ASEAN Open Skies – What does it mean for airlines and airports?

Alan Polivnick, Partner, Watson Farley & Williams (Thailand) Ltd will be holding two ‘Routes Talks’ sessions on March 7, 2016 at this year’s Routes Asia air service development forum at the SMX Convention Centre in Manila, Philippines to explain what ASEAN Open Skies really means for airlines and for airports.

As the ASEAN region pushes towards deeper economic integration, greater connectivity is important, especially so in communications and transport. The ASEAN Open Skies agreement is increasingly important to help facilitate growth and support the increasing number of tourists expected into the region – projected to hit 145 million by 2023, according to independent studies.

While an agreement in principle has helped grow connectivity between the ten ASEAN countries, the region is still is some distance away from achieving a truly single aviation market, with some member states yet to fully ratify multilateral air service agreements. The Philippines has recently eased its restrictions, but Indonesia and Laos continue to restrict free access to their largest markets.

What is certain is that Open Skies in ASEAN will be unlike Open Skies across other parts of the world and seventh freedom and domestic operations by foreign carriers have yet to be even contemplated. This means some countries in the regions fear their carriers will not be able to compete with stronger operators due to the uneven level of development and competitiveness among member states.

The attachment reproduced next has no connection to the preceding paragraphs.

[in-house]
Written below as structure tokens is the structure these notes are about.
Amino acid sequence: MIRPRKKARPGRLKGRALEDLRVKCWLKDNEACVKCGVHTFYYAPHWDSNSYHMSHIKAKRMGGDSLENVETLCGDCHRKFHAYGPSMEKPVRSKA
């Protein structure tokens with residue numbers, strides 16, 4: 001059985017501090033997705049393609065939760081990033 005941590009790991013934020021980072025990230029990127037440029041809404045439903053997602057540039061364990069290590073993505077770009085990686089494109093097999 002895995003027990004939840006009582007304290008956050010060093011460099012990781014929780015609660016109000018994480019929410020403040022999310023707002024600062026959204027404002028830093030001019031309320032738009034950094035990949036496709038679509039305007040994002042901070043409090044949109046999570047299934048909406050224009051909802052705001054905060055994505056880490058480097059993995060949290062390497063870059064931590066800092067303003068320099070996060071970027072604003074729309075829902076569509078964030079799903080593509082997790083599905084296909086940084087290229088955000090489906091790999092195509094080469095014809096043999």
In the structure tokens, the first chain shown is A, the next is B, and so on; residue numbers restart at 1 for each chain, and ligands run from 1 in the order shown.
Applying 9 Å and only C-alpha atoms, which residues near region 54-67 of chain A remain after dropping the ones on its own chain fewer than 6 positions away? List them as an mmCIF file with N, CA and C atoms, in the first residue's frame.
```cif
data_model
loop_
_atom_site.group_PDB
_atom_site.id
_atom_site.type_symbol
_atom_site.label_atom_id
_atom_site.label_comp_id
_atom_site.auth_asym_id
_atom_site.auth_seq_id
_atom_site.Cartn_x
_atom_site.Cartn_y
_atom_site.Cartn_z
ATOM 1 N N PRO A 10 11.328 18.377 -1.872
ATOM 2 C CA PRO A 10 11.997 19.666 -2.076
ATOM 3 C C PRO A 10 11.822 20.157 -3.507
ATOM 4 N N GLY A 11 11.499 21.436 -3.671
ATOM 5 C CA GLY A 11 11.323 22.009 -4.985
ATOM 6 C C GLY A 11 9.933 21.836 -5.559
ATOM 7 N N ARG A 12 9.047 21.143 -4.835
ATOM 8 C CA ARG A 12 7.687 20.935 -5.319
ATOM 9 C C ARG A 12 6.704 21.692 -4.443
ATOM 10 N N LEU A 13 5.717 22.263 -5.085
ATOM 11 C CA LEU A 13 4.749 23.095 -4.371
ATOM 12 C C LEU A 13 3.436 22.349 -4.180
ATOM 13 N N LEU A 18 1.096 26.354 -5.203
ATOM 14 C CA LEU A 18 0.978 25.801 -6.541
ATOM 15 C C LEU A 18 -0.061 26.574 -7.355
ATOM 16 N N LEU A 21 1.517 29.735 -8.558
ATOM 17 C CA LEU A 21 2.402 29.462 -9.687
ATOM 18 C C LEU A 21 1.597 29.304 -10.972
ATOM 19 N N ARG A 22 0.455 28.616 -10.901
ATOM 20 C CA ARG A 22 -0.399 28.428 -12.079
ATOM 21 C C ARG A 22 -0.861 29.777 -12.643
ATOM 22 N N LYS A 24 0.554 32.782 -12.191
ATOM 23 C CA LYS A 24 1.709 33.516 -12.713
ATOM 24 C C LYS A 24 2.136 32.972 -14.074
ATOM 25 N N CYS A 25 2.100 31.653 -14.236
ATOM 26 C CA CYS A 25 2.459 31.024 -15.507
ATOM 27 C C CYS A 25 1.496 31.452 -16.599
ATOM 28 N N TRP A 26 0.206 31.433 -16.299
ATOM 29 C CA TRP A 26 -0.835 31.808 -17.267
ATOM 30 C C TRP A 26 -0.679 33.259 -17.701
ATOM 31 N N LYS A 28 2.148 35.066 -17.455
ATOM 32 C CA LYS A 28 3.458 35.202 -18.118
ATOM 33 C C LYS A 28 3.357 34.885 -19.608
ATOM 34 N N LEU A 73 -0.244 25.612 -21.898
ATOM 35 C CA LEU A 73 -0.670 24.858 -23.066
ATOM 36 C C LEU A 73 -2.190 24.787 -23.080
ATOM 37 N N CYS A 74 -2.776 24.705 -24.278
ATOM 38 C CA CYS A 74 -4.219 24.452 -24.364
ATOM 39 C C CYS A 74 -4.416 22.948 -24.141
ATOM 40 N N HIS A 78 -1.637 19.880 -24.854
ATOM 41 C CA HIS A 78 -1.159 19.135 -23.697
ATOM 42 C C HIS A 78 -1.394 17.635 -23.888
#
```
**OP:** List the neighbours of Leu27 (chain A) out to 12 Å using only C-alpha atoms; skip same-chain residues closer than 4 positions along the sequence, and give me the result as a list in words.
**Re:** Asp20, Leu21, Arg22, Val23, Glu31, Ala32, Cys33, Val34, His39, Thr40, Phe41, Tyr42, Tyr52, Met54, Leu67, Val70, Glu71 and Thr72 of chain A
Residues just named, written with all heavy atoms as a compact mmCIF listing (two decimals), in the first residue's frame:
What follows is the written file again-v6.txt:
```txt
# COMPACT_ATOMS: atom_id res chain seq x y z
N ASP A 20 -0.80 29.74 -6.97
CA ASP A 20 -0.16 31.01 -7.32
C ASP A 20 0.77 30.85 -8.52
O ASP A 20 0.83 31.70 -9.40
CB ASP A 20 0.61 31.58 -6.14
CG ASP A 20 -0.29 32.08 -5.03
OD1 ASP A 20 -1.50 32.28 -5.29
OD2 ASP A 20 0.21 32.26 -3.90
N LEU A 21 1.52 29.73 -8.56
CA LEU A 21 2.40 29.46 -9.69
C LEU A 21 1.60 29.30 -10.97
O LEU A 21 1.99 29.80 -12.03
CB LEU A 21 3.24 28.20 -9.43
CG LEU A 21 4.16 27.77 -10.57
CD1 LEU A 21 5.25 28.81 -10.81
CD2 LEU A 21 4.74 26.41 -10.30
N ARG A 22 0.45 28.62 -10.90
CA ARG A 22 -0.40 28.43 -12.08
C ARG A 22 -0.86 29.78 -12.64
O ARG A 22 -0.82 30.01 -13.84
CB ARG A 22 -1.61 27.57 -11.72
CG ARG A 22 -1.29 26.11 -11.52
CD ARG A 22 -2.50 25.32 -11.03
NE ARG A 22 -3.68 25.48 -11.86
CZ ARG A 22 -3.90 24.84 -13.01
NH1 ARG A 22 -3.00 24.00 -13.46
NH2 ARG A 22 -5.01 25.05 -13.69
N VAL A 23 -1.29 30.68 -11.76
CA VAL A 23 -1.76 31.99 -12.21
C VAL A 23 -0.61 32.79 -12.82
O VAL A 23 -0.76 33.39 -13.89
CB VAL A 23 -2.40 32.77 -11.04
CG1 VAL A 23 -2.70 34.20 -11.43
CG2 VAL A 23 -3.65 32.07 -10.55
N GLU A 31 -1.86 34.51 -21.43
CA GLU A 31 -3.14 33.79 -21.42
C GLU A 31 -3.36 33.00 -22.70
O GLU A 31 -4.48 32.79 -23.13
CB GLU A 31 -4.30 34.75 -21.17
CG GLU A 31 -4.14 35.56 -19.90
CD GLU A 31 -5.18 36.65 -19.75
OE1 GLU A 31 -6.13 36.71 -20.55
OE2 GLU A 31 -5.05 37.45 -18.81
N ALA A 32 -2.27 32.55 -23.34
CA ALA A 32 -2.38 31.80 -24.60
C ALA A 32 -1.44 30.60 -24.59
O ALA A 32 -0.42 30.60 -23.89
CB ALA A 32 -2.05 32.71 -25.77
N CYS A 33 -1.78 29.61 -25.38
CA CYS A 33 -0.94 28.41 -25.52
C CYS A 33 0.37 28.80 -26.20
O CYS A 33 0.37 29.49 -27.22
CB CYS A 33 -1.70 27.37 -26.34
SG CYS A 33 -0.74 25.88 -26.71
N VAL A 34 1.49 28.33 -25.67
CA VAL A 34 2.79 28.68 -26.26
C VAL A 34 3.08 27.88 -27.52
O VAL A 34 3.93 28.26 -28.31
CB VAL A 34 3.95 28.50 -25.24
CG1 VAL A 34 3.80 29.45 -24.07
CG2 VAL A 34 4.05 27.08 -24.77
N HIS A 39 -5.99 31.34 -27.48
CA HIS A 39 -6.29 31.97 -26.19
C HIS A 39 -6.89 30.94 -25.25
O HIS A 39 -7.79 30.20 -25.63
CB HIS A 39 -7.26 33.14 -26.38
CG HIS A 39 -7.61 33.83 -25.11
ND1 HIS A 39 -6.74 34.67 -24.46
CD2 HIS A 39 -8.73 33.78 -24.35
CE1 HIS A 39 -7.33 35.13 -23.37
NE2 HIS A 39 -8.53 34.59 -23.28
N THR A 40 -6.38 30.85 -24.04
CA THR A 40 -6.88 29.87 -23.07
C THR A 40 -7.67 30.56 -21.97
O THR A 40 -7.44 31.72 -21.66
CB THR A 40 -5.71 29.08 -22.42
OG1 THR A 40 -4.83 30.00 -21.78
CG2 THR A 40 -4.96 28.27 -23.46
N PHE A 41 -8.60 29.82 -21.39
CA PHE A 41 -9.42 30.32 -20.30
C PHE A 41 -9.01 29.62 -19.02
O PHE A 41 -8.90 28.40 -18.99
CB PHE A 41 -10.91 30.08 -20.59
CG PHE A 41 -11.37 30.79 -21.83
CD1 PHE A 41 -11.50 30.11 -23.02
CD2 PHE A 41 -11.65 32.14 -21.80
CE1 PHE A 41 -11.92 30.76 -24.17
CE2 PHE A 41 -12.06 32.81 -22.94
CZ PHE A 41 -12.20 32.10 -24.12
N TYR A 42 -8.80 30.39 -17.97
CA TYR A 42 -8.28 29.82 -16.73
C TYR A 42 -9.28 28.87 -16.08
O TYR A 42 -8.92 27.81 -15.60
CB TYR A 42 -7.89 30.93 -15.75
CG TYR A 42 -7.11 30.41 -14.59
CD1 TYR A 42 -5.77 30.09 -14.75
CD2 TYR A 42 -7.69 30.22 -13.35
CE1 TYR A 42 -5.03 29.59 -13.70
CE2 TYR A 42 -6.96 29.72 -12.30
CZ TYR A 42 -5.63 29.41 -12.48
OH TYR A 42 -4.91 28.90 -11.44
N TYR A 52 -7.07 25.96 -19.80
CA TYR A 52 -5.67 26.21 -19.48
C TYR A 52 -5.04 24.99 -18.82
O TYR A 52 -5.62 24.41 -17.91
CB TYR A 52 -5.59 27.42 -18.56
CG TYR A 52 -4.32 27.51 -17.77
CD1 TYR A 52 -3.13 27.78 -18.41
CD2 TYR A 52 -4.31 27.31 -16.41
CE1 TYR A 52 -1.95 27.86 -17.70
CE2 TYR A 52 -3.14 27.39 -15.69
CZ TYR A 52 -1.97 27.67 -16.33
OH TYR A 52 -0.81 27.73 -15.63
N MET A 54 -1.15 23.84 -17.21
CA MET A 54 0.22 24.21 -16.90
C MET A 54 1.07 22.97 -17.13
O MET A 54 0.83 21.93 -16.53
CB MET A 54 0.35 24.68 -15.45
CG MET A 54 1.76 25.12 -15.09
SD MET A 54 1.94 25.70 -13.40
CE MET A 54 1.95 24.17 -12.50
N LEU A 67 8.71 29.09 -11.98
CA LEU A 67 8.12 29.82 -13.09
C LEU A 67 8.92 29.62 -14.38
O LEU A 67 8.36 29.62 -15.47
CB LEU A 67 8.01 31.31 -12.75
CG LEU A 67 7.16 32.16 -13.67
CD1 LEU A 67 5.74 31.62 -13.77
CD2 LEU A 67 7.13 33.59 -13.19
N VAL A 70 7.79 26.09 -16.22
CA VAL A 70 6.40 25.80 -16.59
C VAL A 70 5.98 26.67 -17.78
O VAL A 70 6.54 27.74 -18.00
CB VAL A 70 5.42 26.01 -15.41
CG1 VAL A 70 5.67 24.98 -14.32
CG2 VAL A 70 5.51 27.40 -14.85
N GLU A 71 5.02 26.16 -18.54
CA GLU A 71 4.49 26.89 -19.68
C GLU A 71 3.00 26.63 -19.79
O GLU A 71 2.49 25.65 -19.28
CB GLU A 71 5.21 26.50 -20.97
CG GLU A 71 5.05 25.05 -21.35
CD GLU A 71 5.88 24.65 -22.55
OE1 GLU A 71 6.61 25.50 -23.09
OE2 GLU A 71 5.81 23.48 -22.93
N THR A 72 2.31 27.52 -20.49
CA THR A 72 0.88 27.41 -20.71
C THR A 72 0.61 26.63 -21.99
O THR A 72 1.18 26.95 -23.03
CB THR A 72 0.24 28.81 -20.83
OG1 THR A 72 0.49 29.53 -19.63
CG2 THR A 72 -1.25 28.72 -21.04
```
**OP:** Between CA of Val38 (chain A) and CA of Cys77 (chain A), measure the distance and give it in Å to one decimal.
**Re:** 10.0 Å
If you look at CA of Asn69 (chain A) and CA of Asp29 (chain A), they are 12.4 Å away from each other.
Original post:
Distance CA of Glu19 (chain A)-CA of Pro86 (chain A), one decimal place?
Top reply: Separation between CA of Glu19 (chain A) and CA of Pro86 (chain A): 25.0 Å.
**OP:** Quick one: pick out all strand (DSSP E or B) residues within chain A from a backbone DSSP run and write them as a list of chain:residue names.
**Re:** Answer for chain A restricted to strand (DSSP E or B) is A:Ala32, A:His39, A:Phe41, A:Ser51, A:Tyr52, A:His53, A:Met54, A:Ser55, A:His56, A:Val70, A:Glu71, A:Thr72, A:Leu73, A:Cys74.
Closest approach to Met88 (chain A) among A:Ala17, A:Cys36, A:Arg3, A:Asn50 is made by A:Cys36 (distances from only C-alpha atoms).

Alan Polivnick, Partner, Watson Farley & Williams (Thailand) Ltd will be holding two ‘Routes Talks’ sessions on March 7, 2016 at this year’s Routes Asia air service development forum at the SMX Convention Centre in Manila, Philippines to explain what ASEAN Open Skies really means for airlines and for airports.

Ahead of these sessions, Routesonline spoke to Alan Polivnick this week about latest developments in the aviation industry and what the key factors are impacting the sector.

“Aviation is closely linked to the global economy and has benefited significantly from globalisation and increasing connectivity between countries, regions and people. A key issue for 2016 is whether the current economic conditions will continue and this includes the price of oil, the availability of funding for aircraft acquisitions and access to routes and airports,” he said.

As the aviation market across Asia continues to expand, Polivnick highlighted that the region news to adapt to meet growth needs. “My wish list is for more spending on infrastructure, particularly airports and access to airports, enhanced air traffic control management to allow for more slots and flights, greater liberalisation of routes and fewer laws and regulations on the way airlines can own, manage and structure their businesses,” he explained.

Although masked by the fall in oil prices, increased fuel efficiency will have a big impact in Asia, according to Polivnick, especially through the introduction of newer technology airliners. “The introduction of longer range aircraft, such as the Airbus A350 and Boeing 787, with smaller capacity has made secondary routes viable,” he said.

This new technology will also spread to the customers using the aircraft and together with innovative strategies from airlines and airports will mean this will also have a significant impact on the way airlines and airports operate and do business, noted Polivnick.


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